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By Elesha George

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Residents of St Phillips, Newfield, Bethesda and the general Willoughby Bay area are to receive first preference for a land development initiative that is anticipated to cost approximately EC $297 million.

A land use policy for the 3,074.17 acres of land is currently being developed by technicians within various government agencies including the Development Control Authority (DCA) and the Ministry of Lands.

It has been referred to as the “start of a new city” that now currently consists of a combination of private and Crown lands.

The entire project is being spearheaded by the development arm of the government appointed Economic Recovery Committee (ERC) as a way to improve economic activity during and after the Covid-19 pandemic.

Head of the subcommittee, Ambassador Daven Joseph has called it a “generational project” that will build wealth among the people who have lived and have toiled the area for decades.

He said contrary to circulated information, the project will not be led by foreign investment but has been formulated to empower locals and diasporans and “to identify and pursue development opportunities”.

The project maps out five sectors of development that will include agriculture, waterfront development, commercial spaces, manufacturing, parking and residential development.

Agriculture will form a major part of the development with 223 acres already allocated for agro-processing. An additional 89.79 acres will be allocated for special projects like a heritage train railway system that will showcase the history of the island.

Business opportunities also include farming, the construction of villas and Air BnB type properties, the restoration of Betty’s Hope and the development of Potworks Dam.

Residents will have the opportunity to expand their small businesses and partner with venture companies who can provide international capital.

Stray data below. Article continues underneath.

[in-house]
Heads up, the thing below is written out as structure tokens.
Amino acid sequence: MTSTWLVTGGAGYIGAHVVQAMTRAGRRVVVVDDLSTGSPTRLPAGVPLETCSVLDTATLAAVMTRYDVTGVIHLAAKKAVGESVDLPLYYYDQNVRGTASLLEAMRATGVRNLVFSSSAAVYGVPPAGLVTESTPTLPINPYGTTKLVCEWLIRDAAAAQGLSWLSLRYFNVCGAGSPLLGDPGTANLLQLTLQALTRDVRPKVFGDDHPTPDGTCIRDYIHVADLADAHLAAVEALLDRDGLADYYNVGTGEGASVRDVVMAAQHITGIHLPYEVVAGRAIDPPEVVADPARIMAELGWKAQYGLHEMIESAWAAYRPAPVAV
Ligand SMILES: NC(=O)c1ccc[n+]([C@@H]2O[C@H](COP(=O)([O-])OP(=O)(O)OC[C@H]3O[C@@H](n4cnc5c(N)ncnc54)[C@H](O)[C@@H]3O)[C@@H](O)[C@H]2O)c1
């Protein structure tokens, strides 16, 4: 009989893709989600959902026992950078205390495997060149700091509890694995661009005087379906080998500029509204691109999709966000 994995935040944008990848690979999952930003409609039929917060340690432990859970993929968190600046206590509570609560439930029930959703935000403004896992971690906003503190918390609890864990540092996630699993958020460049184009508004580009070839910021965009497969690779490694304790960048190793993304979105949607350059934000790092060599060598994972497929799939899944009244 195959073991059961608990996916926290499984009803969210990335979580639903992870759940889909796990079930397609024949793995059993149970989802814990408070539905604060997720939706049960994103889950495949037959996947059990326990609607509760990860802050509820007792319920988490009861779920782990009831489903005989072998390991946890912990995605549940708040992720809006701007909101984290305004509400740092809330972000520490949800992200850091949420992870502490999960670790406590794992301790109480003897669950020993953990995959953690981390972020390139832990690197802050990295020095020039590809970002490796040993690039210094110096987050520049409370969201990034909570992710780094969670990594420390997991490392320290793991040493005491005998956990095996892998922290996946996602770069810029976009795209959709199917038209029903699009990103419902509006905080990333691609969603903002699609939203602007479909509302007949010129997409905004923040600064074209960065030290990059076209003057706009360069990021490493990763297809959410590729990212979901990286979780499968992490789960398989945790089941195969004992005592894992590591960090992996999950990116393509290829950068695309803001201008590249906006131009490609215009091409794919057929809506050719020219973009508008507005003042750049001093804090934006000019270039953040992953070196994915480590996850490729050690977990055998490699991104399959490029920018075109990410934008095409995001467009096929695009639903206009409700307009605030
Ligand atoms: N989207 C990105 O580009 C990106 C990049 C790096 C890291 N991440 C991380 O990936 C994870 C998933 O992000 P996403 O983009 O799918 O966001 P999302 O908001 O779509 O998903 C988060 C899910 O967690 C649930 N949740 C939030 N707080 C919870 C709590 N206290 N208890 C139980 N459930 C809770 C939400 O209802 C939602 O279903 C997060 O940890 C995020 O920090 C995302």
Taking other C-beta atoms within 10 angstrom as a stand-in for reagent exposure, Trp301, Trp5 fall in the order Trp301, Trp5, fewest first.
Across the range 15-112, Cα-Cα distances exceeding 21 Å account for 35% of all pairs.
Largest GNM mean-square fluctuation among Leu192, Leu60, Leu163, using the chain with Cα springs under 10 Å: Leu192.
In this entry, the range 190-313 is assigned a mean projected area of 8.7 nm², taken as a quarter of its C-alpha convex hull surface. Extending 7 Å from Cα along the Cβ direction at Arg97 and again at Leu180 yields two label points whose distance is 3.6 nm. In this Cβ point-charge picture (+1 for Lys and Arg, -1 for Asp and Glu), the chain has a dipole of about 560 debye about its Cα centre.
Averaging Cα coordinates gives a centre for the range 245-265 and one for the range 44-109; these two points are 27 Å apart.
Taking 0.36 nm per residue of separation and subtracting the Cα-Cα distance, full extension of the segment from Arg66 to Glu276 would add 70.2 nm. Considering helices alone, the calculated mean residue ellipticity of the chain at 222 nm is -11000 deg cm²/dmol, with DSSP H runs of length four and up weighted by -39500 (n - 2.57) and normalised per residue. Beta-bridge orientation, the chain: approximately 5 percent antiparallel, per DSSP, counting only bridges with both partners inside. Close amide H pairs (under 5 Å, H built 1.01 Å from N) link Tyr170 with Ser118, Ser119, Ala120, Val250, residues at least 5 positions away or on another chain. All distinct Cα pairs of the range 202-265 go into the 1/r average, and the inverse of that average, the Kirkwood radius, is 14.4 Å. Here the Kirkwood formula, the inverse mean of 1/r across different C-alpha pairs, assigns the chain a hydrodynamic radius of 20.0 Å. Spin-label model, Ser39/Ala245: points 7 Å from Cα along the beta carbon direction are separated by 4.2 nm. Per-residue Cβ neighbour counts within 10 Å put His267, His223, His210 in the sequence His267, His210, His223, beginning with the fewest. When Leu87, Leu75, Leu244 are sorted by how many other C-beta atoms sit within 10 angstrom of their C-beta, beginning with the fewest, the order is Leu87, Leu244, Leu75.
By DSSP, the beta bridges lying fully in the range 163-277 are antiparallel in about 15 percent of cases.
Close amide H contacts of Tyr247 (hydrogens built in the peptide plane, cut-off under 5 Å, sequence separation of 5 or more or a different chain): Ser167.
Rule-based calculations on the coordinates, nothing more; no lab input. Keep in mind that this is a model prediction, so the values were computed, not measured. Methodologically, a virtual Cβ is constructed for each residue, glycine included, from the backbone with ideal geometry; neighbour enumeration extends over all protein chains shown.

Entrepreneurial Development Fund (EDF) representative, Garfield Joseph said “this is a unique opportunity like we’ve never seen before, where we’re bringing Antiguans and Barbudans, asking us to pool our local resources, capital, know how, experience through collaboration to make this project successful”.

The EDF will help by introducing small business owners to persons who may have the capital they may need to expand their businesses.

Lands for residential use will be sold at US $3 per square foot and attract low interest rates of two and three percent to locals, to allow them to be able to obtain parcels for development.

William Dorset, chairman of the Ecclesiastical Commission and a member of the ERC, said the intention is to move economic activity away from the city, St John’s, and into areas with potential to contribute significantly to the country’s finances.

“I think it’s going to be a great venture. What is good about the Willoughby Bay area is that it’s not going to just be a tourism sector development, but it will also have national inclusivity where there’s going to be a farmers market, there’s going to be activities trailing around Potworks Dam. So, there’s going to be a lot of national and local involvement,” he shared.  

The Willoughby Bay development is expected to take anywhere from 10 to 15 years to complete. It is expected to accommodate approximately 4,836 residents who will contribute to an anticipated 5 to 10 per cent of Antigua and Barbuda’s Gross Domestic Product (GDP) and attract hundreds of thousands of visitors yearly.

On November 26, 2020, the ERC will host an online investment forum where it will determine the development investment potential for the proposal.

The ERC is recommending that work, including consultation with residents, should start immediately after next month’s investment forum.

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